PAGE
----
While big companies operating in South Africa often complain that labour laws are too stringent and ward off investors, they can also be a hinderance for small businesses, according to National Union of Municipal Chambers of Commerce and Industry president Albert Jeleni.
He told Vutivi News that the main reasons were that SMMEs could not afford lawyers or other professionals to ensure compliance.
“Compliance with various labour laws and regulations cannot be done without the assistance of a professional. A small business owner must, from the onset, budget to hire a professional to be able to comply,” he said.
“Secondly, one would ask if it is fair that big companies and small companies pay the same rates for UIF (Unemployment Insurance Fund). It becomes unaffordable for SMMEs to do so because they don’t have economies of scale…”
He believes small companies should not contribute to the UIF. “If an SMME generates under R10-million profit they should be able to register their employees, but be exempt from paying UIF,” he said.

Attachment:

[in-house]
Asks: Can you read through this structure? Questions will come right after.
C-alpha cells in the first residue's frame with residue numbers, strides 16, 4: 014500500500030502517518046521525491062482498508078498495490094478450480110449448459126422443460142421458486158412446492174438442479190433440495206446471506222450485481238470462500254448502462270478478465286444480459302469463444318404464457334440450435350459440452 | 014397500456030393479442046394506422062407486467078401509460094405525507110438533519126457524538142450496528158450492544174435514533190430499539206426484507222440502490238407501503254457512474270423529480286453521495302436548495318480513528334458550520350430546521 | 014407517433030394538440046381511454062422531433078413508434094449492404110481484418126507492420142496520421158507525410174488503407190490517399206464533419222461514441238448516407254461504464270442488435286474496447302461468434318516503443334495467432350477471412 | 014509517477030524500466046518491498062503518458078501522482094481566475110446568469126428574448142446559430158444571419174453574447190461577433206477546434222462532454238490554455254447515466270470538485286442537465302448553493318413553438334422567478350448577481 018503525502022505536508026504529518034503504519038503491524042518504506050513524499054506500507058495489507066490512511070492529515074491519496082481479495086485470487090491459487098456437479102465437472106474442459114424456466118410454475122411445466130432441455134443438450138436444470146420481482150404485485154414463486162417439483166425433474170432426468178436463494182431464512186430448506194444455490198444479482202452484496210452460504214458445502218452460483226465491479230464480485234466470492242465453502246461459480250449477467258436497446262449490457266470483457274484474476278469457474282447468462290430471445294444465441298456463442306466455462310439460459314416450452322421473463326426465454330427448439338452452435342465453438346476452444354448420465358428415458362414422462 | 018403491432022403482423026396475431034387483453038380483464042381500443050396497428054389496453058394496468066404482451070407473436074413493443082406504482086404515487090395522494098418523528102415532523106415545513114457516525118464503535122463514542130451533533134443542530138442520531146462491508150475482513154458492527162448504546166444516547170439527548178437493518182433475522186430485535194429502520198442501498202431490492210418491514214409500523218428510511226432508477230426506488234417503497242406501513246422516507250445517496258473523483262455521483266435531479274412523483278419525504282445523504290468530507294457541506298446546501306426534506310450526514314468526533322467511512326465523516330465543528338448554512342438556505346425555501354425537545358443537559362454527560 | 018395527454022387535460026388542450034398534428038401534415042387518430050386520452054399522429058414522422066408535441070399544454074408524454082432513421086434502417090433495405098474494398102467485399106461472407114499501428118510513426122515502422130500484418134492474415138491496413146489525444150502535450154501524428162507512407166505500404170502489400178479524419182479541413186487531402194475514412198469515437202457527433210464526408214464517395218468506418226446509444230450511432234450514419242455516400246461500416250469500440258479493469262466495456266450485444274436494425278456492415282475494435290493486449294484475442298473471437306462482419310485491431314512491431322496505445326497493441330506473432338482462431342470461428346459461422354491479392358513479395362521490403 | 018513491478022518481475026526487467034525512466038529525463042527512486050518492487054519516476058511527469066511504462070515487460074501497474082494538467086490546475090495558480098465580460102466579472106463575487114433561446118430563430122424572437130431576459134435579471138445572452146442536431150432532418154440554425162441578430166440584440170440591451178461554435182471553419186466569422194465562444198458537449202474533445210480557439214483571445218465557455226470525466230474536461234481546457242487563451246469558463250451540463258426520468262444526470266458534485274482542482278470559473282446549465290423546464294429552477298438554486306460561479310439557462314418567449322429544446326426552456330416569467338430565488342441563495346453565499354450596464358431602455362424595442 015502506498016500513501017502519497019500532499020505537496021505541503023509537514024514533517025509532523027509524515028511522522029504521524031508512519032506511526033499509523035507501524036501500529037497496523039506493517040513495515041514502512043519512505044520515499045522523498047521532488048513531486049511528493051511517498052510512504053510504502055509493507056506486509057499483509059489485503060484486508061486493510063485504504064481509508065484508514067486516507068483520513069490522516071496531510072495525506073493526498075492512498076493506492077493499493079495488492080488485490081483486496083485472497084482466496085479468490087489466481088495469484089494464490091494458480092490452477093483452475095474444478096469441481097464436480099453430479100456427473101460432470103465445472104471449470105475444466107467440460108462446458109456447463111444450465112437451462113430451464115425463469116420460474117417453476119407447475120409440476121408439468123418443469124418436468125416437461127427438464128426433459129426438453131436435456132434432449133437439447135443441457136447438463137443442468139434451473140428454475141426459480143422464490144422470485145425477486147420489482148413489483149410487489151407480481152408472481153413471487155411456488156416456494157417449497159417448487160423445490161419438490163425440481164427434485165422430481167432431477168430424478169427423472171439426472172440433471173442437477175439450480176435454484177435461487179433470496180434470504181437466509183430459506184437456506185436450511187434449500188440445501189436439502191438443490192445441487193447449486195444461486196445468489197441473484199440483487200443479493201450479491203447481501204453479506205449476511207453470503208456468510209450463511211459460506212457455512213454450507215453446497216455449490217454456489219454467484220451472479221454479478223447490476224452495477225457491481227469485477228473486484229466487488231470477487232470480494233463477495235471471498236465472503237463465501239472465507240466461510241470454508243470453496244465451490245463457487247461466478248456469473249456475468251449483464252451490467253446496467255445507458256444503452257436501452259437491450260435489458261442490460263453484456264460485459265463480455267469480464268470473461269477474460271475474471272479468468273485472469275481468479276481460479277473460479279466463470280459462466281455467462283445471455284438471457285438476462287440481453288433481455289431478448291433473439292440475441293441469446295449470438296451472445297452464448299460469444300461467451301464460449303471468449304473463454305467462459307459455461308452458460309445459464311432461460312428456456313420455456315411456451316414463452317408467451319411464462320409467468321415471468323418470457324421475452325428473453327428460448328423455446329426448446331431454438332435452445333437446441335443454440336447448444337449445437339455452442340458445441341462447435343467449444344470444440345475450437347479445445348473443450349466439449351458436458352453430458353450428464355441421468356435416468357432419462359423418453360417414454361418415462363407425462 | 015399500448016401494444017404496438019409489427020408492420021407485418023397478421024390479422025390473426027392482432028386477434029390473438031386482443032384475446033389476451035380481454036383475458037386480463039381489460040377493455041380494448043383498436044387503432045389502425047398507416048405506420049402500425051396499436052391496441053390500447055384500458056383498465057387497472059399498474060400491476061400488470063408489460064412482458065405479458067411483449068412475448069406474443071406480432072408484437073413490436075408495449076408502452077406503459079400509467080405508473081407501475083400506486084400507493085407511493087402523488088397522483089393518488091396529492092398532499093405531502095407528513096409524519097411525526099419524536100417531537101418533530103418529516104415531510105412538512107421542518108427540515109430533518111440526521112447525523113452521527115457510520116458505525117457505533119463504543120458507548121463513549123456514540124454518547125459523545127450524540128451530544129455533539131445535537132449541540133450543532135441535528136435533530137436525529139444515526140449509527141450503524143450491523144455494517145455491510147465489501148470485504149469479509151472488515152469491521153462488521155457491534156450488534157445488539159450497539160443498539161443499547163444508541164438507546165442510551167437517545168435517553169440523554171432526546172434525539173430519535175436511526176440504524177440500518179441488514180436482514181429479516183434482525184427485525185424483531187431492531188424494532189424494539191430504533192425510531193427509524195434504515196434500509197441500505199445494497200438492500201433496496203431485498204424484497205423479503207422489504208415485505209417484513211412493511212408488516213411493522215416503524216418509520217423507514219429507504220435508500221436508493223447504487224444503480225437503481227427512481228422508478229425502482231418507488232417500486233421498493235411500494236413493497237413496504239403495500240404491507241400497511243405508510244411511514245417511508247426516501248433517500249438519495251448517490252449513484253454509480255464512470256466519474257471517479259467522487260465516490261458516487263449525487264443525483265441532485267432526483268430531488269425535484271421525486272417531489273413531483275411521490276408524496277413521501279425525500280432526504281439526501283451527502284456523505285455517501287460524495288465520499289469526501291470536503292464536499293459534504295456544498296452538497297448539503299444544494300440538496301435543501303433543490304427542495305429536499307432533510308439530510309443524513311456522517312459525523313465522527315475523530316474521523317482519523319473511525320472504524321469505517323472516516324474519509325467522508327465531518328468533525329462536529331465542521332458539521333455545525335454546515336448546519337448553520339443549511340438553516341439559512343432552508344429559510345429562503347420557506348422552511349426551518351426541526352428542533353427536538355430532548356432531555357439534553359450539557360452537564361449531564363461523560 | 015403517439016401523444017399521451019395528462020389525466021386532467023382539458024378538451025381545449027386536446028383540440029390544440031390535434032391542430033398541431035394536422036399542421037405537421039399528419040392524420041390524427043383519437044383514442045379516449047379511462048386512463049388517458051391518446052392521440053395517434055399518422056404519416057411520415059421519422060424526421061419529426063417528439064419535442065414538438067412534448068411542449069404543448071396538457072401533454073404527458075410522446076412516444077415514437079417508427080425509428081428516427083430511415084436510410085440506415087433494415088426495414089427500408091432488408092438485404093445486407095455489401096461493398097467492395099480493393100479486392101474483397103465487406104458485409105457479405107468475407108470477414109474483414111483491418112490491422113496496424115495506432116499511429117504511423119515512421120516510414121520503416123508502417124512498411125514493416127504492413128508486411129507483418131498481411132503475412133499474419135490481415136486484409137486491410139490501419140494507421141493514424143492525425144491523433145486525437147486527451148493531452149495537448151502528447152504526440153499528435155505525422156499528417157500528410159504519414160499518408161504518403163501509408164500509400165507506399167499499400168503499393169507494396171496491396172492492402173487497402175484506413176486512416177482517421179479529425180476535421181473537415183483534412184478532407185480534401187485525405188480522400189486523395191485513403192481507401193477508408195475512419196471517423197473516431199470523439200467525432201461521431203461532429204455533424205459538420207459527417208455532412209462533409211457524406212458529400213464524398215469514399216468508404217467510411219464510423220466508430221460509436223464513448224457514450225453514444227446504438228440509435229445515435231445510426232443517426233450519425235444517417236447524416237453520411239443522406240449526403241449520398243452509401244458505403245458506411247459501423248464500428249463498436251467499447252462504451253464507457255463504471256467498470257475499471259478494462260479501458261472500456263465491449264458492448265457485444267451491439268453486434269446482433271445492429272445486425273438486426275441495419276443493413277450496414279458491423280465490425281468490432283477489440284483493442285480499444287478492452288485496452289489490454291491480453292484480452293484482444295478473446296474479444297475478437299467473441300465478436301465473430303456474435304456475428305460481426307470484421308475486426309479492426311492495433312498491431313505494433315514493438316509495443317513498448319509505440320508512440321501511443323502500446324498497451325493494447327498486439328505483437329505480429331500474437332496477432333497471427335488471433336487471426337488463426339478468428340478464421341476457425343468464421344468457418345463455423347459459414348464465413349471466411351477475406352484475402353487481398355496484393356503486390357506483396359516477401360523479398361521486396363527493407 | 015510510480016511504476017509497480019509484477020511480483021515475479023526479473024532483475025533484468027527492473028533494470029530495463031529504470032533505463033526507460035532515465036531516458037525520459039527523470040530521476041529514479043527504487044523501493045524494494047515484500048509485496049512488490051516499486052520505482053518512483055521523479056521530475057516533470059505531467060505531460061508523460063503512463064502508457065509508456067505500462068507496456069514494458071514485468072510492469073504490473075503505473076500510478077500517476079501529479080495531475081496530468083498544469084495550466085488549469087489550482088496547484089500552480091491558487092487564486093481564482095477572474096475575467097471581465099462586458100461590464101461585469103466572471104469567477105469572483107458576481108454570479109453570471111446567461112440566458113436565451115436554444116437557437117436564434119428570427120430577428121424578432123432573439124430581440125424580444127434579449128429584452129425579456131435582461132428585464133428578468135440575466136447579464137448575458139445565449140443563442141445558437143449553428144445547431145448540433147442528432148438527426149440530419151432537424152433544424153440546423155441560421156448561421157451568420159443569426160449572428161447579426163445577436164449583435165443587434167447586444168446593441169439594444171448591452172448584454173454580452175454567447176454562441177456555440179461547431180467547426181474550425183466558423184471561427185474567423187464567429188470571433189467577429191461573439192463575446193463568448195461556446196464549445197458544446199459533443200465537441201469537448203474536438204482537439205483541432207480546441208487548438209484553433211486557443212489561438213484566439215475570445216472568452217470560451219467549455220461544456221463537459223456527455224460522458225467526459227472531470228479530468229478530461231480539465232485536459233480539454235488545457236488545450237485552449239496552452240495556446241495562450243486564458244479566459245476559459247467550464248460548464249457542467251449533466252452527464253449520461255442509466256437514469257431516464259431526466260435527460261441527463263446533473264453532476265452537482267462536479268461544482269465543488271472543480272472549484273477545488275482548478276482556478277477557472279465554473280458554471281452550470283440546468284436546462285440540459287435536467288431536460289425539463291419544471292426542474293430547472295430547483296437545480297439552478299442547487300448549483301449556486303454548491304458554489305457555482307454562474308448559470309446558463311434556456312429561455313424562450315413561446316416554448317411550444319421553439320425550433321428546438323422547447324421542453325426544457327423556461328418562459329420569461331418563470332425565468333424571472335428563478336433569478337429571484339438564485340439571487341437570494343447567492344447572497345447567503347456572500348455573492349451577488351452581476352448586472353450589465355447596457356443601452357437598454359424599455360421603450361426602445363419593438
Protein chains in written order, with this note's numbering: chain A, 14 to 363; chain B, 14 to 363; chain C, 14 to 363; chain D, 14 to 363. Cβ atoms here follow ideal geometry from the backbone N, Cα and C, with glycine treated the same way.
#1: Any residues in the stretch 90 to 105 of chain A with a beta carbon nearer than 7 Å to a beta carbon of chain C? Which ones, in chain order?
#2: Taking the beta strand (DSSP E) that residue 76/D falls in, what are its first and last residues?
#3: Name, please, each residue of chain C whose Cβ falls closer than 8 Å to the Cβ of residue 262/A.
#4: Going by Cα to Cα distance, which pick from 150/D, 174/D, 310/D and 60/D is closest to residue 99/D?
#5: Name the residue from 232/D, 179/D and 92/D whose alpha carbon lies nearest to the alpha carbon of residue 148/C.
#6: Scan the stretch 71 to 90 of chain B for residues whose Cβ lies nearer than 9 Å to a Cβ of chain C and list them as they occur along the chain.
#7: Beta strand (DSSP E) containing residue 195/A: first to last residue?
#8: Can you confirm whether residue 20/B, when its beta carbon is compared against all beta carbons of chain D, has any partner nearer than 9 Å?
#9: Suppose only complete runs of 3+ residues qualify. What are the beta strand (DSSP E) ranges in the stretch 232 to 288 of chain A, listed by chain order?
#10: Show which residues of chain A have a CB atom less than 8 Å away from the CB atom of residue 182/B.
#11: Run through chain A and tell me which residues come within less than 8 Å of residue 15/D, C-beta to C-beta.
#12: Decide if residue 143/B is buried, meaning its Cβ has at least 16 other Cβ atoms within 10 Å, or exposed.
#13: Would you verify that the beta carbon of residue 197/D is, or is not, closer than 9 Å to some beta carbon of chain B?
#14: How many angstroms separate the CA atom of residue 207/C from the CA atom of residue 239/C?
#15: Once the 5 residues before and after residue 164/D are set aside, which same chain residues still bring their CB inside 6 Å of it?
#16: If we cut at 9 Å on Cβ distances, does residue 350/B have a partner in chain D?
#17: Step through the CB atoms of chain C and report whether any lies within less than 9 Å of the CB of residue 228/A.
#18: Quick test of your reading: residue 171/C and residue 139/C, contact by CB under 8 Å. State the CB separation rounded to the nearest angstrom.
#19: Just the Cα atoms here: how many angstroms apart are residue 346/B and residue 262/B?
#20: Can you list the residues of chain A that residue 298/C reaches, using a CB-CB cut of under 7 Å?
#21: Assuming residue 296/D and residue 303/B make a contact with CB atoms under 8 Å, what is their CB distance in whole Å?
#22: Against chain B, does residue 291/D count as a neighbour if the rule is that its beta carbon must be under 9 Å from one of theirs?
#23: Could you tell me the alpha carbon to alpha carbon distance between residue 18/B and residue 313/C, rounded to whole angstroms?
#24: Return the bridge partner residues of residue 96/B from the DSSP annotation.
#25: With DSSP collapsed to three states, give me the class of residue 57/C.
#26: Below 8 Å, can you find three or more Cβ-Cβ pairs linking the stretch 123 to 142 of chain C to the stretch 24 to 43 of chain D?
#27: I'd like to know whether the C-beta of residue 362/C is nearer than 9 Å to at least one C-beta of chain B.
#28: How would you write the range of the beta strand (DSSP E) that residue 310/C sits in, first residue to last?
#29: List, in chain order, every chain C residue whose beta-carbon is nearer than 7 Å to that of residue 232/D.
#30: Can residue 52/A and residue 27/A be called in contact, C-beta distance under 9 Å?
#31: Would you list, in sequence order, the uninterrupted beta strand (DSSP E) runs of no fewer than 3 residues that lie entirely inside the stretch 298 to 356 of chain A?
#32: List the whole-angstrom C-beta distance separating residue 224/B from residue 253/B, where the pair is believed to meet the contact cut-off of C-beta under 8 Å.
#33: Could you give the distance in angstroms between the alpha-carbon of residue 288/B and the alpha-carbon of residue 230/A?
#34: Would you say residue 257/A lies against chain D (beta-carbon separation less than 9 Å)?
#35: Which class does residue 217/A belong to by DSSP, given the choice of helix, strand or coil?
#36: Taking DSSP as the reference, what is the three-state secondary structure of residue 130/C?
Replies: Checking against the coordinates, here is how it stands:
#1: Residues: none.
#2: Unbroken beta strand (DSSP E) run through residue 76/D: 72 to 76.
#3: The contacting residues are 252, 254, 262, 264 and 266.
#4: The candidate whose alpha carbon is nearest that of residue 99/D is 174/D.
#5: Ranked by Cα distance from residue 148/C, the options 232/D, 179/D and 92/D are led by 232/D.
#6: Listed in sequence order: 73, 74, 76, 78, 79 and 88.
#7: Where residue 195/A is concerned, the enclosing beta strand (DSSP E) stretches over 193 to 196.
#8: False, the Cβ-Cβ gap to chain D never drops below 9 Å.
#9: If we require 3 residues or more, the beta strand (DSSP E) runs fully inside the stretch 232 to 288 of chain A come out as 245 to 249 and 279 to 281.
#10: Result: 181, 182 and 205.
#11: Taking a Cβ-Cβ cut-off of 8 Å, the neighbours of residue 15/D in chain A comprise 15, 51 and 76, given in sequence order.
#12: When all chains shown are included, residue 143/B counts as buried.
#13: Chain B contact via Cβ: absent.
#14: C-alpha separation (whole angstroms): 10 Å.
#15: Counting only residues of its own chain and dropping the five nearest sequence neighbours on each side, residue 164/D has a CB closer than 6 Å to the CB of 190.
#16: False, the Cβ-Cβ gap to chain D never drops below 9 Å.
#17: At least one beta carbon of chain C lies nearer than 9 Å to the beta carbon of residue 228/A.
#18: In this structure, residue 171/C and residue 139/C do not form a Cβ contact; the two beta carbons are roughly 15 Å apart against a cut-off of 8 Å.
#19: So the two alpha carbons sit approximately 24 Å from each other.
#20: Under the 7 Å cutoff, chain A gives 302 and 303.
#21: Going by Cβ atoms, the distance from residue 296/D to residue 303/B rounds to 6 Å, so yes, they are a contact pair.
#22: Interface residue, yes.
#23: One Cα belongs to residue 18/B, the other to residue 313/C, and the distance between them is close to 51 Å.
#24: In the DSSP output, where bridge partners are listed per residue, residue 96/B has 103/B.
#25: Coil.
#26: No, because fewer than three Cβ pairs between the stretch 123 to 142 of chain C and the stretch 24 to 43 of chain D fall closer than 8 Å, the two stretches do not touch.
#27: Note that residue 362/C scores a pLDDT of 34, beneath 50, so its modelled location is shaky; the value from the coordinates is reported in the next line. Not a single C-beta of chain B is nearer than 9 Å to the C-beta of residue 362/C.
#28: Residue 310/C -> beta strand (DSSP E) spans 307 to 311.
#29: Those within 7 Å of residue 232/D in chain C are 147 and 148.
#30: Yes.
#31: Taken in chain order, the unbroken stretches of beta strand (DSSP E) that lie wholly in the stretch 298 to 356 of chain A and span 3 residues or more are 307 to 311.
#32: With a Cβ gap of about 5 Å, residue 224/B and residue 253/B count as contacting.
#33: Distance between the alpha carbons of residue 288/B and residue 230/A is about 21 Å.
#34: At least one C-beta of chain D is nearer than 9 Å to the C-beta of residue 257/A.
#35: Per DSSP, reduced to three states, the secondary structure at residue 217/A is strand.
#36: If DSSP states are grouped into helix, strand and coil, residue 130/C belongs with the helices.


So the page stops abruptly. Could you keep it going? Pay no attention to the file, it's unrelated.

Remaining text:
“The government can then charge bigger companies more on their contributions in order to balance the scale.”
Jeleni also wants SMMEs to be exempt from paying minimum wage, otherwise another option is for the government to help subsidise their incomes.
“The government insists on a minimum wage to a point where I have to let go of an employee because I can only afford to pay half the minimum wage.
“That employee would have to stay at home not because I cannot afford to pay them, but because the government will not allow me to pay them an amount less than the minimum wage,” he said. Jeleni also criticised how big businesses were able to pay bribes to state agencies, and claimed foreign nationals were doing the same.
“This also includes businesses run by foreign nationals, who would be running a business without a trading permit or even without documentation to be in the country. But because they can pay their way out, they are able to operate with impunity.” Jeleni believes that while some labour laws do impact small businesses, the time is ripe for the state and SMMEs to meet at the negotiation table and start discussions that will benefit small businesses, and ultimately the economy.